In April approximately 2,500 followers of Eusebie Ngendakumana, aka Zebiya, returned to the country after seeking asylum first in the DRC and later in Rwanda.  The members of the group departed the country in 2013 and 2014 following violent clashes with government security services and prosecutions of some members.  Representatives of the group stated they had not sought accreditation as a religious denomination because they viewed themselves as members of the Catholic Church, leading to scrutiny from the government and the closure of the group’s shrine in Kayanza Province.  The group primarily took refuge in the DRC but traveled from the DRC to Rwanda in March after refusing to comply with the requirements of the office of the UN High Commissioner for Refugees for biometric registration, which they stated they considered contrary to their beliefs.  They similarly objected to registration requirements, vaccination requirements, and processed food rations in Rwanda, leading to the arrest of approximately 30 members and their subsequent decision to return to the country in April.  Once back in the country, the government provided the group transportation to their home communes.  There were subsequent reports that some members of the group faced scrutiny from government and ruling party officials.  There were no reports of arrests or harassment as of the end of the year; a representative of the group stated that members had faced no significant harassment since their return, while articulating concern that the group continued to have no access to the Kayanza shrine.  Ngendakumana reportedly remained in exile as of the end of the year.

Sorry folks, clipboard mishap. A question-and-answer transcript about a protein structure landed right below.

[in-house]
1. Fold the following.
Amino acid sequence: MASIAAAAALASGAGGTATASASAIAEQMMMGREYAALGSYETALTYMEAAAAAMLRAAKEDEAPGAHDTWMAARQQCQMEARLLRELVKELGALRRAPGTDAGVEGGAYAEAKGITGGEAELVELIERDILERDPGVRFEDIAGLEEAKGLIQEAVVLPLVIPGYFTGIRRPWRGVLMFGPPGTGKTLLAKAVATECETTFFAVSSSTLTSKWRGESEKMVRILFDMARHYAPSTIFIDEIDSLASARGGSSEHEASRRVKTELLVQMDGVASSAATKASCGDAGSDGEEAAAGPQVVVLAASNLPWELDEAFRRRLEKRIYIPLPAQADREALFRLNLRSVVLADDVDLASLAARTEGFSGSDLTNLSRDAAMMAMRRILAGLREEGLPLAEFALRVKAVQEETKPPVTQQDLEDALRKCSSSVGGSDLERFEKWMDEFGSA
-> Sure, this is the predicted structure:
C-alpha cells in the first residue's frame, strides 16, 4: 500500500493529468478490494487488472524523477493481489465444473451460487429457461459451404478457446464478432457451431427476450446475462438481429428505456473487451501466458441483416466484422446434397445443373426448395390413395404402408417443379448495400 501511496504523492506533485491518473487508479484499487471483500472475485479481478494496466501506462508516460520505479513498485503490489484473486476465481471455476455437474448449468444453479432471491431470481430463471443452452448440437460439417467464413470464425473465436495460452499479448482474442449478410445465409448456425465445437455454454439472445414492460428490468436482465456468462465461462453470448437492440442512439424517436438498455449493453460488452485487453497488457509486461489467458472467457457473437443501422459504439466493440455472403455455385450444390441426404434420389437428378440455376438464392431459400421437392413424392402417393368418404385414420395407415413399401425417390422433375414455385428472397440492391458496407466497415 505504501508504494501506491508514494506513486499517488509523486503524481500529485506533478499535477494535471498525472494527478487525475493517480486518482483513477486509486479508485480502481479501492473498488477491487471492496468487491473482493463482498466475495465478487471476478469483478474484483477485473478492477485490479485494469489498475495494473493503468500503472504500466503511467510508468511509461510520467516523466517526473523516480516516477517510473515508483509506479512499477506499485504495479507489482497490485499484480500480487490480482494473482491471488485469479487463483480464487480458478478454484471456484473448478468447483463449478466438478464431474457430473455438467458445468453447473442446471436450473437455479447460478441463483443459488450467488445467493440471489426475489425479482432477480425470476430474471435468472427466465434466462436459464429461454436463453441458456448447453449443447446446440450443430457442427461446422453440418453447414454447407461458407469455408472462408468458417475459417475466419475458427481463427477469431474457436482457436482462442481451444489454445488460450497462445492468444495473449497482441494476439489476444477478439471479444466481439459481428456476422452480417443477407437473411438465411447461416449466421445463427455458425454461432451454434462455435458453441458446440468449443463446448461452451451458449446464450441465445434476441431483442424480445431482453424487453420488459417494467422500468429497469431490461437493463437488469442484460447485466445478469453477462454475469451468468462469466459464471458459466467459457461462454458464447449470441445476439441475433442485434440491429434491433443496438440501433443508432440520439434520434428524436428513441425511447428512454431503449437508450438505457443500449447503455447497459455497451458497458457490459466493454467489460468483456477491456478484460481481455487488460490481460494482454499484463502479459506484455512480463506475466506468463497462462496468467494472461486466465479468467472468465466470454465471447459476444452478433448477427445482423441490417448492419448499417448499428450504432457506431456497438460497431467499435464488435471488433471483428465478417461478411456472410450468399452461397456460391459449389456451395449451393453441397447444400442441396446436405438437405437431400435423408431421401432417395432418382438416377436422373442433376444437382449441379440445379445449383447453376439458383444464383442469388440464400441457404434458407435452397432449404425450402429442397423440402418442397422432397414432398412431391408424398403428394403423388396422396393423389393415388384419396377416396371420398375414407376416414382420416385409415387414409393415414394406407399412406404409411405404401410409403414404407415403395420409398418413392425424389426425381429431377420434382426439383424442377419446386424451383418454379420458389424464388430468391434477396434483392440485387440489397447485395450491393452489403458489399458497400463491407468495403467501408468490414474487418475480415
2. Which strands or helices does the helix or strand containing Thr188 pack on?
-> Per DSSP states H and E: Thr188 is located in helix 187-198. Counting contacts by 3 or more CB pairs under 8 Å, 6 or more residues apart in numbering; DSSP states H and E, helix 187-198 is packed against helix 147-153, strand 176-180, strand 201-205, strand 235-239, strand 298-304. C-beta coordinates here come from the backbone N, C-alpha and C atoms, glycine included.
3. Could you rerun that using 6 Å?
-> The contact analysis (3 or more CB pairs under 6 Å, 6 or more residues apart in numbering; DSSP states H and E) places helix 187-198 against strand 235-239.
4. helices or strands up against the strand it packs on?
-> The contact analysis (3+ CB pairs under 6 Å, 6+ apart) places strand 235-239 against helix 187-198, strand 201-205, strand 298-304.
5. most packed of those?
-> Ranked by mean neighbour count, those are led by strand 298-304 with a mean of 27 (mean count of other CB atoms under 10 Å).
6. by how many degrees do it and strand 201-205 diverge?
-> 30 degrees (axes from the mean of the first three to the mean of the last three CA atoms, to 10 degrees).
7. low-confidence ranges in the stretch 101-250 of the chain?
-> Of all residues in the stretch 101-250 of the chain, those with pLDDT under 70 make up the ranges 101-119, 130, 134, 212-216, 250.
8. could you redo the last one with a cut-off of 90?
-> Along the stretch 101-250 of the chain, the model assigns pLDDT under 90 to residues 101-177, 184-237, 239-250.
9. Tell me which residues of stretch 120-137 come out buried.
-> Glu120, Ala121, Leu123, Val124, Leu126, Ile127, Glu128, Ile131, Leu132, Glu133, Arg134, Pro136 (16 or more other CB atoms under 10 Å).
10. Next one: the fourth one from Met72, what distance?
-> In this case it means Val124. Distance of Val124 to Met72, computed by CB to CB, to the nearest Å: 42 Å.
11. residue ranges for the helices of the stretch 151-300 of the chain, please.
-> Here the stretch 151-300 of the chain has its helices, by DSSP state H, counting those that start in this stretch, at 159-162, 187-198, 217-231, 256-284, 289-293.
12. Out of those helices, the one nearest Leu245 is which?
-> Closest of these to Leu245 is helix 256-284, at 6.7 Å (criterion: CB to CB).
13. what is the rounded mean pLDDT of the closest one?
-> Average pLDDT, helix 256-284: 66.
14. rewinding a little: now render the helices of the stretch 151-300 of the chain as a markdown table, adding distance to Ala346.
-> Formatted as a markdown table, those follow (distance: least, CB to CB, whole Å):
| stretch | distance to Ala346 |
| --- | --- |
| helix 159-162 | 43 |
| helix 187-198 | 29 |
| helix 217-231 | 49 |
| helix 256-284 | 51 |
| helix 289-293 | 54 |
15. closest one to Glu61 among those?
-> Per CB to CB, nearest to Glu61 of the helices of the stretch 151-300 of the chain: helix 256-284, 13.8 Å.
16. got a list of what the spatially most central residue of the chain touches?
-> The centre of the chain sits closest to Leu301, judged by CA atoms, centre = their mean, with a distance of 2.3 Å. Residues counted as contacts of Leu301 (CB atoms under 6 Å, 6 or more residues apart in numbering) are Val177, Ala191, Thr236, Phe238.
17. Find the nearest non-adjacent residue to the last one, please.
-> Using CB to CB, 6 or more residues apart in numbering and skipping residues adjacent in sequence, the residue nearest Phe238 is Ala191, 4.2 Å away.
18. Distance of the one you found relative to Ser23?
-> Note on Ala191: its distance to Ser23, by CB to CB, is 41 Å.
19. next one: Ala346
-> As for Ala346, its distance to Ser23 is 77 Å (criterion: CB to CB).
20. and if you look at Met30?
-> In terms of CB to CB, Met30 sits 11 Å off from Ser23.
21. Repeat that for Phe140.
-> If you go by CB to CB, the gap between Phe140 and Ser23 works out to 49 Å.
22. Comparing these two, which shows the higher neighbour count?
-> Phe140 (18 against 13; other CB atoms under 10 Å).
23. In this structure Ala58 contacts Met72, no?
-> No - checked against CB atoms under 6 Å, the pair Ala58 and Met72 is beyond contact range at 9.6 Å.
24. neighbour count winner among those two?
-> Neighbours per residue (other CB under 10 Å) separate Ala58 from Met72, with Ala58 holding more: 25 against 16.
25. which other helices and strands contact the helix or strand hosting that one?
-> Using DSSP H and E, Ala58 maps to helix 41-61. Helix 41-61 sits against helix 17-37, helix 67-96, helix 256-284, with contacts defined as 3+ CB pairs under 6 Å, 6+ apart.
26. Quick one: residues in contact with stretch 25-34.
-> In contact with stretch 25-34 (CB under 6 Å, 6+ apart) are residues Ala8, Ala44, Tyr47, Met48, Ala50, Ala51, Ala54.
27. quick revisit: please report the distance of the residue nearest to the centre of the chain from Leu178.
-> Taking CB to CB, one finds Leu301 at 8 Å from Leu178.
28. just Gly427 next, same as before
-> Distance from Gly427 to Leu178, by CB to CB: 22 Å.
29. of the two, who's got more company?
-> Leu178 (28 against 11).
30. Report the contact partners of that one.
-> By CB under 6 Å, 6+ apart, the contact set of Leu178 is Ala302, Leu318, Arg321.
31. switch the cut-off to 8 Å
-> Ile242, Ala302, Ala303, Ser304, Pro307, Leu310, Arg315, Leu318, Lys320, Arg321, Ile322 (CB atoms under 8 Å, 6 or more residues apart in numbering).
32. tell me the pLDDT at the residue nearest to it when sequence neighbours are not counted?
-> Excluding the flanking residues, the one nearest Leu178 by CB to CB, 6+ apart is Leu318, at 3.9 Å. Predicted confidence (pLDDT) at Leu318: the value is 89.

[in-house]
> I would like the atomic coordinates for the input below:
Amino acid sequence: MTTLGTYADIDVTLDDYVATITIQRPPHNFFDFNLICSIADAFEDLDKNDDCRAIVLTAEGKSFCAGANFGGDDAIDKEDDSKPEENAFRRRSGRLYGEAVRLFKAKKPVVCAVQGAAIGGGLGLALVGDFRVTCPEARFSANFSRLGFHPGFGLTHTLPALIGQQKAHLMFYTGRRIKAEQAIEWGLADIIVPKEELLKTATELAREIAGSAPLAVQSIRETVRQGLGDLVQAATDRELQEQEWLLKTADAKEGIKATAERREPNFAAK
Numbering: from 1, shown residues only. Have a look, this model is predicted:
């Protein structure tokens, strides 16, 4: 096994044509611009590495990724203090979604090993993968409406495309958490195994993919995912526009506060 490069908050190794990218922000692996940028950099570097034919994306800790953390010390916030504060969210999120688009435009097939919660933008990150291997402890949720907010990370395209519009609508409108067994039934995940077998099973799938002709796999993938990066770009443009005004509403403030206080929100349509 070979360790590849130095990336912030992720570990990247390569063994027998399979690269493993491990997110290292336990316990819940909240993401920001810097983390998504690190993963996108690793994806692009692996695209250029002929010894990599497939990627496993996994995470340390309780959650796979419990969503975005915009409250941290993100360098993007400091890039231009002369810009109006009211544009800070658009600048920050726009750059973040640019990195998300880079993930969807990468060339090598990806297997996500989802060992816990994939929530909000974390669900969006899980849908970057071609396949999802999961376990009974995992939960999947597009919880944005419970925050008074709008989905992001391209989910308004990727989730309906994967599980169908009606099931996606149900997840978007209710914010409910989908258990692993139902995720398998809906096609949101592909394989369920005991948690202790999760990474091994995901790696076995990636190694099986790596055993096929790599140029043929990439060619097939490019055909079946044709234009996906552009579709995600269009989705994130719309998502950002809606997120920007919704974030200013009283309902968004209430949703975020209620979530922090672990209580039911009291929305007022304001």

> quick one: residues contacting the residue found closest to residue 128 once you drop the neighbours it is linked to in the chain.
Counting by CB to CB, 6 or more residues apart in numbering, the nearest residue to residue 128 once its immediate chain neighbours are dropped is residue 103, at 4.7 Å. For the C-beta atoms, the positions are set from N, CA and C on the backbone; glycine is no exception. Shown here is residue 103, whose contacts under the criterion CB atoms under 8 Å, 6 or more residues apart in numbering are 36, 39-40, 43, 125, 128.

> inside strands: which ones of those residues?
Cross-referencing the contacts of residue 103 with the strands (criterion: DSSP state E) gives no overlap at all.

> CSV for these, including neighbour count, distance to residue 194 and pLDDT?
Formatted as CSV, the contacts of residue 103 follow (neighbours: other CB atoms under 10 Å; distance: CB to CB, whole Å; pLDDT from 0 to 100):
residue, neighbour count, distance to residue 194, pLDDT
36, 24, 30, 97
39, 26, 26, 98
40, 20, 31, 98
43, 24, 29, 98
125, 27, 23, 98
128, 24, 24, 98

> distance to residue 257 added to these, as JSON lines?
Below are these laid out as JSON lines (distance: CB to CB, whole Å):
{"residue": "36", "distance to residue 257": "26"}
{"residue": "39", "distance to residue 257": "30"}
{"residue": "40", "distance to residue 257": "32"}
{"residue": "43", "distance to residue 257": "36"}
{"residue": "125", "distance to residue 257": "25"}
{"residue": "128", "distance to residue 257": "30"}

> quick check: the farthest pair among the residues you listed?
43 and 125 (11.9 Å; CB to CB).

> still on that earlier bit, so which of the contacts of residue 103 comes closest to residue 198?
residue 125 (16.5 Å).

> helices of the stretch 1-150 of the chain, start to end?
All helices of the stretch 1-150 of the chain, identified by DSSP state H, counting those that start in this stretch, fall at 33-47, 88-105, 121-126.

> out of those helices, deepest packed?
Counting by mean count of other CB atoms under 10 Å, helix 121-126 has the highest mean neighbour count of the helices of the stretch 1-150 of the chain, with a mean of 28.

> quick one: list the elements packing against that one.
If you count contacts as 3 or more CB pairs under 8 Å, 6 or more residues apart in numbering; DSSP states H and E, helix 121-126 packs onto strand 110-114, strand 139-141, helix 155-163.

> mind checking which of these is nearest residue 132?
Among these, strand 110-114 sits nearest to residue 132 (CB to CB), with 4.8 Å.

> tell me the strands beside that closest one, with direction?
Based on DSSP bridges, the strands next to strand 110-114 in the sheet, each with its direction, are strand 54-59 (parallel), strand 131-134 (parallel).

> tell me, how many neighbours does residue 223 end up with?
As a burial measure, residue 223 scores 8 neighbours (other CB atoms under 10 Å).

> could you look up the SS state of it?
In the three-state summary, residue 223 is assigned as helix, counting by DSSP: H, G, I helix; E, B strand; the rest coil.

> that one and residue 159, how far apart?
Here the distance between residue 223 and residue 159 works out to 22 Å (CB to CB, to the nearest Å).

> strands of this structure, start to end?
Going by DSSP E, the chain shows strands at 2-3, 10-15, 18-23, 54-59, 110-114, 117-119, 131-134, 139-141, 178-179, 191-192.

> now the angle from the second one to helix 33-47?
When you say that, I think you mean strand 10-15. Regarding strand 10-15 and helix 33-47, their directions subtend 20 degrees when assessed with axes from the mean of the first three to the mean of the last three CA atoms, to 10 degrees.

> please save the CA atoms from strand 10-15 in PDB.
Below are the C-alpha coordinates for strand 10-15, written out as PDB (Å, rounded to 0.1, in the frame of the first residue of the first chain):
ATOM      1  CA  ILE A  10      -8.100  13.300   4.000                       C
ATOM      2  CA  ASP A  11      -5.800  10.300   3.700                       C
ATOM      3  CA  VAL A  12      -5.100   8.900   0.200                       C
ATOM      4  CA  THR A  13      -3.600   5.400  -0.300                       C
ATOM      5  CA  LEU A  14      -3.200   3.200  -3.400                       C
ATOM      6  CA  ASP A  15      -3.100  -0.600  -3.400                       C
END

President Pierre Nkurunziza routinely employed religious rhetoric in the context of political speeches and invoked divine guidance for political decisions.  The government continued a campaign launched in 2017 promoting the “moralization of [Burundian] society.”  The president conducted events in provinces around the country attended by invited groups including government officials, ruling party members, religious leaders, and other local notables.  During the events, which were not recorded or open to media and during which participants were not allowed to take notes, he gave lengthy addresses highlighting a mix of religious, historical, and cultural themes.  The president also continued efforts begun in 2017, and connected rhetorically to the “moralization” campaign and invoking religious appeals, to require unmarried cohabitating couples to formalize their relationships as marriages.